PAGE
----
Gaming portal takes you to the Nintendo Entertainment System
In the late 1970s, Nintendo, then an experienced maker of electronic games, noticed the success of programmable video game consoles as well as the huge success of the ColecoVision in 1982 with one of their own games, Donkey Kong, being the pack-in with the console. They decided to get involved in this success, first by exclusively distributing Magnavox Odyssey consoles in Japan, then by making their own console, the Family Computer, or Famicom. This console was intentionally made to look like a toy and was released strictly in Japan only. It took 60 pin cartridges.
Nintendo CEO at the time, Hiroshi Yamauchi, initially wanted a machine created that could out-do the many other electronic games on the market. He gave this task to Masayuki Uemura, saying he would like a console with a 16-bit processor and disk drive while still being affordable (about US$75). Unfortunately, including these features would have costed far too much, so instead they went with an 8-bit processor and the disk drive came later as an add-on called the Famicom Disk System.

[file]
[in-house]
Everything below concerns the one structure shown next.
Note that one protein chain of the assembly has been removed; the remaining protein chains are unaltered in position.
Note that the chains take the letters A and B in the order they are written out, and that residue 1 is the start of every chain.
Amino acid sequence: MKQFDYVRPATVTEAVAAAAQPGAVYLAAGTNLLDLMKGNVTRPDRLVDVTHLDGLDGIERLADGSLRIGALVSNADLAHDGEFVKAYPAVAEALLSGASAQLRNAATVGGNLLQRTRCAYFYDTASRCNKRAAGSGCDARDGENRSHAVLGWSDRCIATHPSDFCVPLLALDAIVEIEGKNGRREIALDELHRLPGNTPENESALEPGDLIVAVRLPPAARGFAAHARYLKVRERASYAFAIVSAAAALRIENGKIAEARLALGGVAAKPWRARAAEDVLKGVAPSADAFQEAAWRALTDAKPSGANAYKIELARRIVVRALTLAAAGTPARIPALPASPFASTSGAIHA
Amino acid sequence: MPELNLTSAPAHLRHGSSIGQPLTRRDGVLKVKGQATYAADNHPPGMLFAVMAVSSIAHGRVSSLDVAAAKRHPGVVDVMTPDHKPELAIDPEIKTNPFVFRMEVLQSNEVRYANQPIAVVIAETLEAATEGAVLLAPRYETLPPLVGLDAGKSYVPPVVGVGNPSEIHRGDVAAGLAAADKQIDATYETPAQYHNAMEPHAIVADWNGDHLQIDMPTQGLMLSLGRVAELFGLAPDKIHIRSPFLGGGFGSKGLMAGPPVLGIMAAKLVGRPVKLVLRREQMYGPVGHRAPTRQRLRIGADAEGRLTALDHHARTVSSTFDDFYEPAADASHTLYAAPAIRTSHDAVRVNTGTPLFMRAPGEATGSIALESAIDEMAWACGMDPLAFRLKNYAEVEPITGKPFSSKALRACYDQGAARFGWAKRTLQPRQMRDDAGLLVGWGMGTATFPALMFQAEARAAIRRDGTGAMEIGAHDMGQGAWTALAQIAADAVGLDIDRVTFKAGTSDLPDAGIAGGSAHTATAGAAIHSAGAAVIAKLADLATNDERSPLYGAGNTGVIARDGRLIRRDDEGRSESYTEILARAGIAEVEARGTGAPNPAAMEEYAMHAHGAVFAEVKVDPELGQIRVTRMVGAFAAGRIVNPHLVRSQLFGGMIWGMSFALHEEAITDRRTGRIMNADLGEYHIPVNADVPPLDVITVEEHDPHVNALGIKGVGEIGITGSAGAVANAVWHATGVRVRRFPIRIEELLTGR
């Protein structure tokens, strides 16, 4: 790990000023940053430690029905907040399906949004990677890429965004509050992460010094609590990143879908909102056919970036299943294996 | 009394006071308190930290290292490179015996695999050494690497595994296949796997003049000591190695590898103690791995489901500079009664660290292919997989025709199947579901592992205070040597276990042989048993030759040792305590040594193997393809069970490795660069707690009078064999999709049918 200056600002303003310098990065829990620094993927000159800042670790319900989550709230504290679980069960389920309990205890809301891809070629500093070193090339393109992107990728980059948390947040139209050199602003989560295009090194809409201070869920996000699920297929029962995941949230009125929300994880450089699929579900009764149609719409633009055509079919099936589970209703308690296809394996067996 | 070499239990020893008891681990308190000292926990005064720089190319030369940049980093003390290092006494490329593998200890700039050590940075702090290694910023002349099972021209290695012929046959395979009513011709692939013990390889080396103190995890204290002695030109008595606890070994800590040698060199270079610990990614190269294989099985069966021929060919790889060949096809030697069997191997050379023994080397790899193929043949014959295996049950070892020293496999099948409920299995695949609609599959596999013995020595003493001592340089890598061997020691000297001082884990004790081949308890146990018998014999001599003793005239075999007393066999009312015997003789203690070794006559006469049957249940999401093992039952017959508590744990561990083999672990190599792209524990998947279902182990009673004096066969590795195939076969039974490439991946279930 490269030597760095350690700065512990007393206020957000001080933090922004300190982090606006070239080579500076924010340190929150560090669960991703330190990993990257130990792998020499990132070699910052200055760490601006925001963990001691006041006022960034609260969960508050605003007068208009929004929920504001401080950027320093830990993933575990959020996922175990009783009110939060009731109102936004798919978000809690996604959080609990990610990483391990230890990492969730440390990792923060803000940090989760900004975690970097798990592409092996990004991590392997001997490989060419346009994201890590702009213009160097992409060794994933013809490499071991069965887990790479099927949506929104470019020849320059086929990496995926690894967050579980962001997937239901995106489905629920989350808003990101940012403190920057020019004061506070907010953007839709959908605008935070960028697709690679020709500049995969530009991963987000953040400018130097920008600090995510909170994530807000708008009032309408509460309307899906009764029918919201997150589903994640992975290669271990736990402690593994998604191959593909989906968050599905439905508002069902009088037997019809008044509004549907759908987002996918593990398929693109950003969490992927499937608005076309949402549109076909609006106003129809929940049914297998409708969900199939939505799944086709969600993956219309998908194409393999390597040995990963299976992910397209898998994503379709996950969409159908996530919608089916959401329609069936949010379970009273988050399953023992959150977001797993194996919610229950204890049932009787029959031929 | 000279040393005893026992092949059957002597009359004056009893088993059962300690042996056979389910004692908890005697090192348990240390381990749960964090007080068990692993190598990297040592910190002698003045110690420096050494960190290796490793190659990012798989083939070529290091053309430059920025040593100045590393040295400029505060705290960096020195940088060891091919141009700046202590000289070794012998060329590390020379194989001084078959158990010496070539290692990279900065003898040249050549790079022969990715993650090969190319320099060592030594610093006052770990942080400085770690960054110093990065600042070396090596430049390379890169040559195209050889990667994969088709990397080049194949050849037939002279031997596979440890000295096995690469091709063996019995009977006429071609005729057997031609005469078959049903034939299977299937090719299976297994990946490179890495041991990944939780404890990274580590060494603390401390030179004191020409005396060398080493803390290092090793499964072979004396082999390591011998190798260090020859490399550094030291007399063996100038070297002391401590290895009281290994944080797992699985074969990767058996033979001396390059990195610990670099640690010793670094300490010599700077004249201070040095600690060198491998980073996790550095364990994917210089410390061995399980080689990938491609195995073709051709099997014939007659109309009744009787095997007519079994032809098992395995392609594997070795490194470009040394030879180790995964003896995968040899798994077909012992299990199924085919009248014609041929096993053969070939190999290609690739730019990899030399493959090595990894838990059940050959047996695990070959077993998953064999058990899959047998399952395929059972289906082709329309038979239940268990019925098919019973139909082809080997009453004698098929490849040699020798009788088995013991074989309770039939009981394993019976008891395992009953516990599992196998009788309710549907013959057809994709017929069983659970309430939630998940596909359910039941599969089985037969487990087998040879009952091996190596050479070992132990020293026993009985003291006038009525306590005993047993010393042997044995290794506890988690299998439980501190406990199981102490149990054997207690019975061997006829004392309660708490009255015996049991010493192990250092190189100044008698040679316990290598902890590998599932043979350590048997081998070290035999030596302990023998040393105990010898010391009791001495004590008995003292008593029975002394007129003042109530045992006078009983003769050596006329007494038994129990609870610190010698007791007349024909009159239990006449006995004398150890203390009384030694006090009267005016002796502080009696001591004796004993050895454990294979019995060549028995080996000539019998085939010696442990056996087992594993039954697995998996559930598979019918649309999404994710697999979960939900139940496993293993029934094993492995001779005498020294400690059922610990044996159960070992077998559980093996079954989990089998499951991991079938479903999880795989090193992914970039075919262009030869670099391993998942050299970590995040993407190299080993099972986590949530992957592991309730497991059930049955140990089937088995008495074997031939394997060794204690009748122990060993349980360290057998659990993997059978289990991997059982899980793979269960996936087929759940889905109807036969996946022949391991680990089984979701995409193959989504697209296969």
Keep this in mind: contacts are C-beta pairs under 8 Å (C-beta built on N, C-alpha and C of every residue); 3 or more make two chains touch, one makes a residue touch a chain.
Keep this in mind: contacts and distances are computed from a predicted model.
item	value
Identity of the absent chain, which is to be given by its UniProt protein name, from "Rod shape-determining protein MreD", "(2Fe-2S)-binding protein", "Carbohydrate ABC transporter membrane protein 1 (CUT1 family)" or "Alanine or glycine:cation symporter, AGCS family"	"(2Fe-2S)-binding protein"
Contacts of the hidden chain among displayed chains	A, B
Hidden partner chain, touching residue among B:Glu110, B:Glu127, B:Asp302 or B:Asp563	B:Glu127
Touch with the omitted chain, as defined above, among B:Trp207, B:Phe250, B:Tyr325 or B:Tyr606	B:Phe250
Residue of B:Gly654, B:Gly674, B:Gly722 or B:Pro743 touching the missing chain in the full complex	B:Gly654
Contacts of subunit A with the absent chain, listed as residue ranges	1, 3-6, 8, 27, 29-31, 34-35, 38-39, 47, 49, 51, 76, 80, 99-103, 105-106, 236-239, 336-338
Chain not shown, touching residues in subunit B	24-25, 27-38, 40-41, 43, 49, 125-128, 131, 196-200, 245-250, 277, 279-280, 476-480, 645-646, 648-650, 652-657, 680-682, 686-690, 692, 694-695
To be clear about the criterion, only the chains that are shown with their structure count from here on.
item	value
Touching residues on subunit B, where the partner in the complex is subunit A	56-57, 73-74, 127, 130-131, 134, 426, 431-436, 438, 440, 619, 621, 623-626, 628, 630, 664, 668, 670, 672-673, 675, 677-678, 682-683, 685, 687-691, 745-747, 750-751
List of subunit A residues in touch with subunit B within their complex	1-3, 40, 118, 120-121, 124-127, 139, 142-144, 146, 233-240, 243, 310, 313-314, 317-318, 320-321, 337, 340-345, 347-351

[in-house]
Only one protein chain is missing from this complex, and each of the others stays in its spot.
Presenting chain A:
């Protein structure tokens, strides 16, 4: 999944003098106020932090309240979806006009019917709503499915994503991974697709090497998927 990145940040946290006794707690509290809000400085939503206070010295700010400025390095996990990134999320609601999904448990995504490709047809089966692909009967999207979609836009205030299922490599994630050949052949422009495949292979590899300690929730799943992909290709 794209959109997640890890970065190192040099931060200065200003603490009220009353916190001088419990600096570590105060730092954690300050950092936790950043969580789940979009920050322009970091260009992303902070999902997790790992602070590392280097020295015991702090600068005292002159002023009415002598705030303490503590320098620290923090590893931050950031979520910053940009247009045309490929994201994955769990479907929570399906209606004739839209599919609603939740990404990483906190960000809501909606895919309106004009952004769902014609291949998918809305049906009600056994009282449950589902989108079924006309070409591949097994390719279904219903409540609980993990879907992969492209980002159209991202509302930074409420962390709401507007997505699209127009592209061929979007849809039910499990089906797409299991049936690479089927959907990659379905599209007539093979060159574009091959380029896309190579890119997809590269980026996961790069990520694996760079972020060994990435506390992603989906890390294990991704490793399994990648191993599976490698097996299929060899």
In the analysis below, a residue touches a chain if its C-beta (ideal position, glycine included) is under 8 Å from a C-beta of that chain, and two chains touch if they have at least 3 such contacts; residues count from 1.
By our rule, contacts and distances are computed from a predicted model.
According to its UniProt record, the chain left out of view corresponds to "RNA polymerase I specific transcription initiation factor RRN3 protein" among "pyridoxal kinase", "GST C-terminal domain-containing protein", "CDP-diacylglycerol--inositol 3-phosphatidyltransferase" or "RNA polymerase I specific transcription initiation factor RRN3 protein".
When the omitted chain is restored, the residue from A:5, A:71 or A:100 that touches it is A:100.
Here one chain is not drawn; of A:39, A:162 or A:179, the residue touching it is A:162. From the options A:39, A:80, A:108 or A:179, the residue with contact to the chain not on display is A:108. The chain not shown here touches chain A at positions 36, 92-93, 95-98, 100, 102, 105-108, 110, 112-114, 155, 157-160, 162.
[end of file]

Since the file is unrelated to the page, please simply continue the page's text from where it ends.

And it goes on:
The Famicom was released in Japan in July 1983 at a price of US$100. The first games released were Donkey Kong, Donkey Kong Jr and Popeye but by the end of 1983 they had made enhanced versions of Donkey Kong Jr and Popeye that allowed 2 players, and they had released Baseball and Mario Bros as well as a Go game and an adult title.
In its first year of release, the Famicom was often found to be quite an unreliable console with numerous bugs and freezing problems. Yamauchi did not want this system's future to be threatened and so he recalled all sold systems and stopped further production until the problems were fixed. Famicom was re-released with a new motherboard but the same familiar design.